East Meets West | The development of traditional Chinese medicine in the west


Image by  Will Luo on flickr


China, unsurprisingly as the name suggests, is the birthplace of Traditional Chinese Medicine (TCM). It has been used for thousands of years there, and is now practiced side by side with conventional western medicine. Despite its long legacy, TCM was in decline at the beginning of the 20th century and it wasn’t until the Cultural Revolution when TCM was rediscovered and regained its popularity (due to its relative low cost compared with western medicine). TCM in the West on the other hand, has a much shorter history, and has not been in the mainstream’s conscience until quite recently (in the grand scheme of things). Is there a perception then, that TCM practitioners in China are better equipped at dealing and treating patients than their western colleagues?

Logically, this should be true. China is still the only place that has truly integrated TCM and western medicine. TCM hospitals there abound with the hustle and bustle of doctors, herbalists and patients. The sheer number of patients mean that the likelihood of seeing varied types of illnesses treatable with TCM must be higher. Also the very idea that the principles of TCM (diet, lifestyle, various forms of exercise like taichi) are embedded in the Chinese society should make it a much easier for TCM to be practiced and bettered in China.

However, it could just be possible that practitioners in the west might have their own advantages. Most TCM practices here are private and small. There are very few actual TCM clinics that can rival those in China. This offers TCM practitioners the chance to have more time with the patients, both in treatment and in subsequent consultations. Compare this even to the multi-bed clinics (also known as community acupuncture) where there are more than one patient at a time: the atmosphere is a lot calmer in the western clinics. Practitoners in the west also understand the importance of talking therapies, and whether it be a time concession or an attribute of society, TCM practitioners in China just don’t encourage talking support as well as their western counterparts.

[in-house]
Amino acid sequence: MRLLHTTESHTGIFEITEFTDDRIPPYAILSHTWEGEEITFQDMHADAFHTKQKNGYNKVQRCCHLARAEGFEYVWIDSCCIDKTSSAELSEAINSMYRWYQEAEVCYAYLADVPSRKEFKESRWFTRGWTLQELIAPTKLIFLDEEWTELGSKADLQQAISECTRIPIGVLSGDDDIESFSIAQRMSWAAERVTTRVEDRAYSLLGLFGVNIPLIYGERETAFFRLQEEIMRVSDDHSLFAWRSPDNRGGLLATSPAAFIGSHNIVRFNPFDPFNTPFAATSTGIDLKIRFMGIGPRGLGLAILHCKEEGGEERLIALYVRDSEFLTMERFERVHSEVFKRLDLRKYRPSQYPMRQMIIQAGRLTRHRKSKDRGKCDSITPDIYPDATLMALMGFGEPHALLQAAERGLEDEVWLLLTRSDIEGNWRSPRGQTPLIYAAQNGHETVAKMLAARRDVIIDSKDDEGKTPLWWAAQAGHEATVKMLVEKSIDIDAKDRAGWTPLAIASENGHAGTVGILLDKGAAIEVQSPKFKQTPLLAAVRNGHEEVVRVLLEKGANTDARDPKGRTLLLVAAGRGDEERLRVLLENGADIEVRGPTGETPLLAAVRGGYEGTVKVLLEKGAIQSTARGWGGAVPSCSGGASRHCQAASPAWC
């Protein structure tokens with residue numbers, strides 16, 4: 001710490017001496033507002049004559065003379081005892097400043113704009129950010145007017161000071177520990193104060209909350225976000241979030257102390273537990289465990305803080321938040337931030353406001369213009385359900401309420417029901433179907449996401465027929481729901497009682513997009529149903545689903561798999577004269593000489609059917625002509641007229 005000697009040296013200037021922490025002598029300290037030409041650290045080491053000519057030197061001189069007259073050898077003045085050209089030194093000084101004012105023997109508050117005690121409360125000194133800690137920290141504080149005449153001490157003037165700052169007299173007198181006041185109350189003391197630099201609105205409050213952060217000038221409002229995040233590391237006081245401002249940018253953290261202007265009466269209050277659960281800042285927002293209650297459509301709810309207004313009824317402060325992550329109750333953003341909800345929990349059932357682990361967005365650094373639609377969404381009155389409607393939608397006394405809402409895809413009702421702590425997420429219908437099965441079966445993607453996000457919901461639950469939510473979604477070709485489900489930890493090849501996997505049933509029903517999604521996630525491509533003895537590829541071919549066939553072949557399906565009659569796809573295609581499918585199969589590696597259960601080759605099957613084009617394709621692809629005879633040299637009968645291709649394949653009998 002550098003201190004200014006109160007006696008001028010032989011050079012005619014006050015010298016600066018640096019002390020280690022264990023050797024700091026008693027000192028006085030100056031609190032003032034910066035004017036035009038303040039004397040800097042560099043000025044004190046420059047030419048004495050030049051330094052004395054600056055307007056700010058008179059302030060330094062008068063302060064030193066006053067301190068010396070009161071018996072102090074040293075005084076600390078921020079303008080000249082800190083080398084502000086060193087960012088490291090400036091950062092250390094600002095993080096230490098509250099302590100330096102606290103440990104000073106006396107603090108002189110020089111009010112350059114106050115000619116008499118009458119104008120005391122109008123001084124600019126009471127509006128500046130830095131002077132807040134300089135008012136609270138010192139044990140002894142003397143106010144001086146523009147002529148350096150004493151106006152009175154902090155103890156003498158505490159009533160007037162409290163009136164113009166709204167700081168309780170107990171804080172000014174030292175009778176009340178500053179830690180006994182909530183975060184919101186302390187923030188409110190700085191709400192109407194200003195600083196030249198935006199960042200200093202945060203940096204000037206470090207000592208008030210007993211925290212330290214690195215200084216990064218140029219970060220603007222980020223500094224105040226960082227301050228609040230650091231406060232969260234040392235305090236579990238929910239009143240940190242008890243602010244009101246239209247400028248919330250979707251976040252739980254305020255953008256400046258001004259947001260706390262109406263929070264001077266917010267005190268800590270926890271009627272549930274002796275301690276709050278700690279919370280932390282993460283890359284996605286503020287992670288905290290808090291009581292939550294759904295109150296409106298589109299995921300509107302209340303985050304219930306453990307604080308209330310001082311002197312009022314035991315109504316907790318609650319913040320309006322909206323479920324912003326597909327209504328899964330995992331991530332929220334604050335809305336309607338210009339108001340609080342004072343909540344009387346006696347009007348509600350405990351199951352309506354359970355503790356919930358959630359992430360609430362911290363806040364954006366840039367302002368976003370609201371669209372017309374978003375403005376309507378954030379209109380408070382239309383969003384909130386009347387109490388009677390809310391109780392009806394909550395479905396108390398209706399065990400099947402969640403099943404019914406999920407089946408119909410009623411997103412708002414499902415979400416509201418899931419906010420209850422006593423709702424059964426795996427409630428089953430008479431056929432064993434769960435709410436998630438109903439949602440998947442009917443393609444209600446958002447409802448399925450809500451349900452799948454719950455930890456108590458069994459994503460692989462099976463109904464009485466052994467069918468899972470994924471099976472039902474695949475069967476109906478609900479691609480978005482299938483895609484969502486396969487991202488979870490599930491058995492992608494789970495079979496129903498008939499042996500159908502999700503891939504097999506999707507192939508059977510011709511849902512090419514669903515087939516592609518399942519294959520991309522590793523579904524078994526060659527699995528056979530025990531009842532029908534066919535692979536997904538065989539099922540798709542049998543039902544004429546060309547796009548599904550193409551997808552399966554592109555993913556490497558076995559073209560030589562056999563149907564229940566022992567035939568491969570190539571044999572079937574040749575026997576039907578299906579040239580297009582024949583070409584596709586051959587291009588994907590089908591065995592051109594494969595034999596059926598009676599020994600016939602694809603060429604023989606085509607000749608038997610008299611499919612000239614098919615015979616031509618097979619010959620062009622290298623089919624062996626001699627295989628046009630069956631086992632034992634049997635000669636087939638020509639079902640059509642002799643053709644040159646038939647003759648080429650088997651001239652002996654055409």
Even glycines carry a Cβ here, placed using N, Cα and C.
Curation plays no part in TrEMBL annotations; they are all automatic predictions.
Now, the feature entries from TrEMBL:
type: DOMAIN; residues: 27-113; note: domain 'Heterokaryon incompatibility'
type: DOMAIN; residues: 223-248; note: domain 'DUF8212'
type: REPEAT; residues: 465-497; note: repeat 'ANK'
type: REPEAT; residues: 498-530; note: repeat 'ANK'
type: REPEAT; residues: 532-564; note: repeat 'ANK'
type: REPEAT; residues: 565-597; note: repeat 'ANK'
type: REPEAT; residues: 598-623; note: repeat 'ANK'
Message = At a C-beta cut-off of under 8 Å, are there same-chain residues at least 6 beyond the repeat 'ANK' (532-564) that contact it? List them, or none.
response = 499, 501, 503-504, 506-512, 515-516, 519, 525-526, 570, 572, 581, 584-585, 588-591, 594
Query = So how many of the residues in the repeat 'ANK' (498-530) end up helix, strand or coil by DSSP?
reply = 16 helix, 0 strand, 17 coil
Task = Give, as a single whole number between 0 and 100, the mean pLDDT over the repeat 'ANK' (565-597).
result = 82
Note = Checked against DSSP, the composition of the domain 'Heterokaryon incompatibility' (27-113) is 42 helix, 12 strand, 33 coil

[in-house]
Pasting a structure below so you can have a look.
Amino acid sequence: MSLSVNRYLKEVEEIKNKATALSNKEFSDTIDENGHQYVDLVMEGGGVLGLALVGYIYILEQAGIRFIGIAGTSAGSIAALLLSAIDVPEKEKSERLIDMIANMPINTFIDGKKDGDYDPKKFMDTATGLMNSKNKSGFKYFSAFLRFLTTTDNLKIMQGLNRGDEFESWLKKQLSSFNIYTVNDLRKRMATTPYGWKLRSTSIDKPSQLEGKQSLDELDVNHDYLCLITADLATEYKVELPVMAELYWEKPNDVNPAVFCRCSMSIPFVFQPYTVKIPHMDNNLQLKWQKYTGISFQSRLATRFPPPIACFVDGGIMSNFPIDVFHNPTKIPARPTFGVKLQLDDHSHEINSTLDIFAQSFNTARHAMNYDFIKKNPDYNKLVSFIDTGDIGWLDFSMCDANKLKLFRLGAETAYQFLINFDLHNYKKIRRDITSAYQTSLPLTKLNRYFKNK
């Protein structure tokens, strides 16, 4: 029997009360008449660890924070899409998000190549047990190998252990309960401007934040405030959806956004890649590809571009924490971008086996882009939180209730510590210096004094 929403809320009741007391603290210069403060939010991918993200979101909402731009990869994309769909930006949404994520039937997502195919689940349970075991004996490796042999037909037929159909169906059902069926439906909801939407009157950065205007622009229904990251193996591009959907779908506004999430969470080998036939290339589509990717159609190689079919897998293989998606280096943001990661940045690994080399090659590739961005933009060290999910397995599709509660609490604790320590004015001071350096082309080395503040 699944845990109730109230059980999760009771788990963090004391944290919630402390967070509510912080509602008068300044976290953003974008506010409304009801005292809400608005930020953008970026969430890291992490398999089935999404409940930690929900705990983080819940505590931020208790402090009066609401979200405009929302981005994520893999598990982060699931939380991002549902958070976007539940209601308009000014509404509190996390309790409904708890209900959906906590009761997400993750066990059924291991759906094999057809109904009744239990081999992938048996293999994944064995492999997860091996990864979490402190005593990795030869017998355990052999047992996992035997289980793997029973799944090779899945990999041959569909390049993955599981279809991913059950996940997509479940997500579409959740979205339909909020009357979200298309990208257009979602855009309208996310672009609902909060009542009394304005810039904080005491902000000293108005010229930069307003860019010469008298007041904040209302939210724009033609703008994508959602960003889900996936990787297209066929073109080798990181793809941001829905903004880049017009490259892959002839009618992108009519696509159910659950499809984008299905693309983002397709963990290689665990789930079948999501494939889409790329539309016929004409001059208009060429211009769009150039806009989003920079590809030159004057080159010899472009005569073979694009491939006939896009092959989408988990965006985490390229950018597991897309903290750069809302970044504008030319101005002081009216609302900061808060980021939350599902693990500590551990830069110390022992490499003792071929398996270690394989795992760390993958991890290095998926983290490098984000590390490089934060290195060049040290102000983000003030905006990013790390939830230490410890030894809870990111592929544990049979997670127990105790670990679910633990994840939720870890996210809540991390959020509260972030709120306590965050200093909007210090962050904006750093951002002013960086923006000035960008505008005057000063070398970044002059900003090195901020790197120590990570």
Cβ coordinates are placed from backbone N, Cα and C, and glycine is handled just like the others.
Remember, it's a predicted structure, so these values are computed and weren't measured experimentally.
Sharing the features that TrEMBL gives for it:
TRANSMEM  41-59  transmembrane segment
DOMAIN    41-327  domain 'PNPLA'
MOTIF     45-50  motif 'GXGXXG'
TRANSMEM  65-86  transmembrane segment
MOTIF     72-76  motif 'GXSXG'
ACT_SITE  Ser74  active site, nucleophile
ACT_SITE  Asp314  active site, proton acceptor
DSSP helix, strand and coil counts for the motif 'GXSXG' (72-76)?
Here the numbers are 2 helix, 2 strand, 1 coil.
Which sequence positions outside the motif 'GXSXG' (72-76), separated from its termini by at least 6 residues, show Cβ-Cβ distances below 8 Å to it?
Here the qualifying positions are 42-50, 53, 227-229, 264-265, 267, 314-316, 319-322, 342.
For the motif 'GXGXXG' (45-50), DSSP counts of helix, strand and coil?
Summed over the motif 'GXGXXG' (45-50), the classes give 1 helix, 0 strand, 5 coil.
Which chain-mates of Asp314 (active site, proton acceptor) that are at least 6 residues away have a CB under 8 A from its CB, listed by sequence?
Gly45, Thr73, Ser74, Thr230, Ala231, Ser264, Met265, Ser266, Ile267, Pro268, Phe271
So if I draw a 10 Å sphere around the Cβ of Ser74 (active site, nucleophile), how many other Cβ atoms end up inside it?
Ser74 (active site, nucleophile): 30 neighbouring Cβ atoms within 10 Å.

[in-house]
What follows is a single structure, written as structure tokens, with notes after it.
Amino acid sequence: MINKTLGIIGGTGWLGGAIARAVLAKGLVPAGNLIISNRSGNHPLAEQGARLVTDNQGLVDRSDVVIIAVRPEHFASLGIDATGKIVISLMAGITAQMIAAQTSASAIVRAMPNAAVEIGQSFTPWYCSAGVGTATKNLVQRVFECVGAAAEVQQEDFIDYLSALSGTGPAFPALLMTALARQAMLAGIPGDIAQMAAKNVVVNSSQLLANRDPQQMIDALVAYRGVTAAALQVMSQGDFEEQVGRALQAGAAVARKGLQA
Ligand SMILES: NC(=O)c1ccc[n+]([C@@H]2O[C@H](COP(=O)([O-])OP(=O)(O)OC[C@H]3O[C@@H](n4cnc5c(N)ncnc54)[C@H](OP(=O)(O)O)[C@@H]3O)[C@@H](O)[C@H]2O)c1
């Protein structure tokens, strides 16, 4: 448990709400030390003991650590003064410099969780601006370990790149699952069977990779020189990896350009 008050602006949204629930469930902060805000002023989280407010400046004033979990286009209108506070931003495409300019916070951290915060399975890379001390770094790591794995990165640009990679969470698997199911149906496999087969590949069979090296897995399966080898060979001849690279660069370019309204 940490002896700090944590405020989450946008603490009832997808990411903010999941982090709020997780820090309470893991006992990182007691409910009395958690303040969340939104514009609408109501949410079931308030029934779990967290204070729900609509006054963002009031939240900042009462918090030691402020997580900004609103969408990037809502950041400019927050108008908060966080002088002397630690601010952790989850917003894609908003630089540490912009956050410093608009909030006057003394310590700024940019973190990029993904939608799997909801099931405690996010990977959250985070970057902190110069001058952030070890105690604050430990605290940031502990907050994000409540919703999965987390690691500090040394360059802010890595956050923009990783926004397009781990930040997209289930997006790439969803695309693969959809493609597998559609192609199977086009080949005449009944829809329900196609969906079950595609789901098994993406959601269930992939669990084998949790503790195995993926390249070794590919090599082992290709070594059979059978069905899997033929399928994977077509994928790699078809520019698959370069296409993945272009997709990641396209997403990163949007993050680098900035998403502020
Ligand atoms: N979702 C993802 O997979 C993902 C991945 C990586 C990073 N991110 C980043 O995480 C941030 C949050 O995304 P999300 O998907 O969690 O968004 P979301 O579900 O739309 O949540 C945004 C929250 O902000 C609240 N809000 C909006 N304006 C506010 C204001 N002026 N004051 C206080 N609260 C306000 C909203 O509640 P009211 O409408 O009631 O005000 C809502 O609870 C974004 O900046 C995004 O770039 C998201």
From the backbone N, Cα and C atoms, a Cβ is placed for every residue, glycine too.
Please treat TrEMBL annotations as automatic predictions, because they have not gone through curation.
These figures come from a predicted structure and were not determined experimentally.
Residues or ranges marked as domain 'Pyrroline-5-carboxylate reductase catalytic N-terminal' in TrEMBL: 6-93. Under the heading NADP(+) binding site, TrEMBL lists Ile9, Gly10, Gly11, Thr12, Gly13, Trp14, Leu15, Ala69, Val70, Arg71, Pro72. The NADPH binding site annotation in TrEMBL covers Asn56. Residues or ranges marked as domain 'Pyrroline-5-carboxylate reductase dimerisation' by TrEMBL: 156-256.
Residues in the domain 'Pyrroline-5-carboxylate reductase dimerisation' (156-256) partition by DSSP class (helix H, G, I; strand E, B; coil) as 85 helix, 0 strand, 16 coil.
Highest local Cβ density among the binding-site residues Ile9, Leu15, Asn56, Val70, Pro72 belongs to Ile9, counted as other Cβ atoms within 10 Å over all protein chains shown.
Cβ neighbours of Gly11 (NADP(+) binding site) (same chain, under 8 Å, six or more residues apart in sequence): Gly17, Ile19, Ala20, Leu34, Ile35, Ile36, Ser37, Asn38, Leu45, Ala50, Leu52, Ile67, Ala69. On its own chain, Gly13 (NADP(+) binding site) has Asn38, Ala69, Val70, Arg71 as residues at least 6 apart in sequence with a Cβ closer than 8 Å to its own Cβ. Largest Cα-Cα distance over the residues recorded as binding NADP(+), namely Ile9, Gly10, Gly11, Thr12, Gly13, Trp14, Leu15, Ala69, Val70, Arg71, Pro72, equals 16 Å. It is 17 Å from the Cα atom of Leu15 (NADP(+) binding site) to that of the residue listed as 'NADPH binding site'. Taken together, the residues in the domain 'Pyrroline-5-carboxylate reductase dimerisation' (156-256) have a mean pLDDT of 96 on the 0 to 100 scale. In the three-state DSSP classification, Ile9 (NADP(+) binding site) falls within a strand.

Obviously the quality of training and the practitioner’s actual skill plays a huge role. Counter in the fact that in China it is common for patients to have daily sessions rather than weekly ones, and yes perhaps the success of treatment in China is still higher. Nonetheless, TCM in the west had developed immensely in the past few decades and it should not be looked upon as the inferior cousin. What are your views? 


Other posts you may be interested in:

Integrating Western Medicine with Complementary Therapies: the importance of East meets West for healthcare 

How to find a good acupuncture practitioner | Three questions to ask when choosing an acupuncturist



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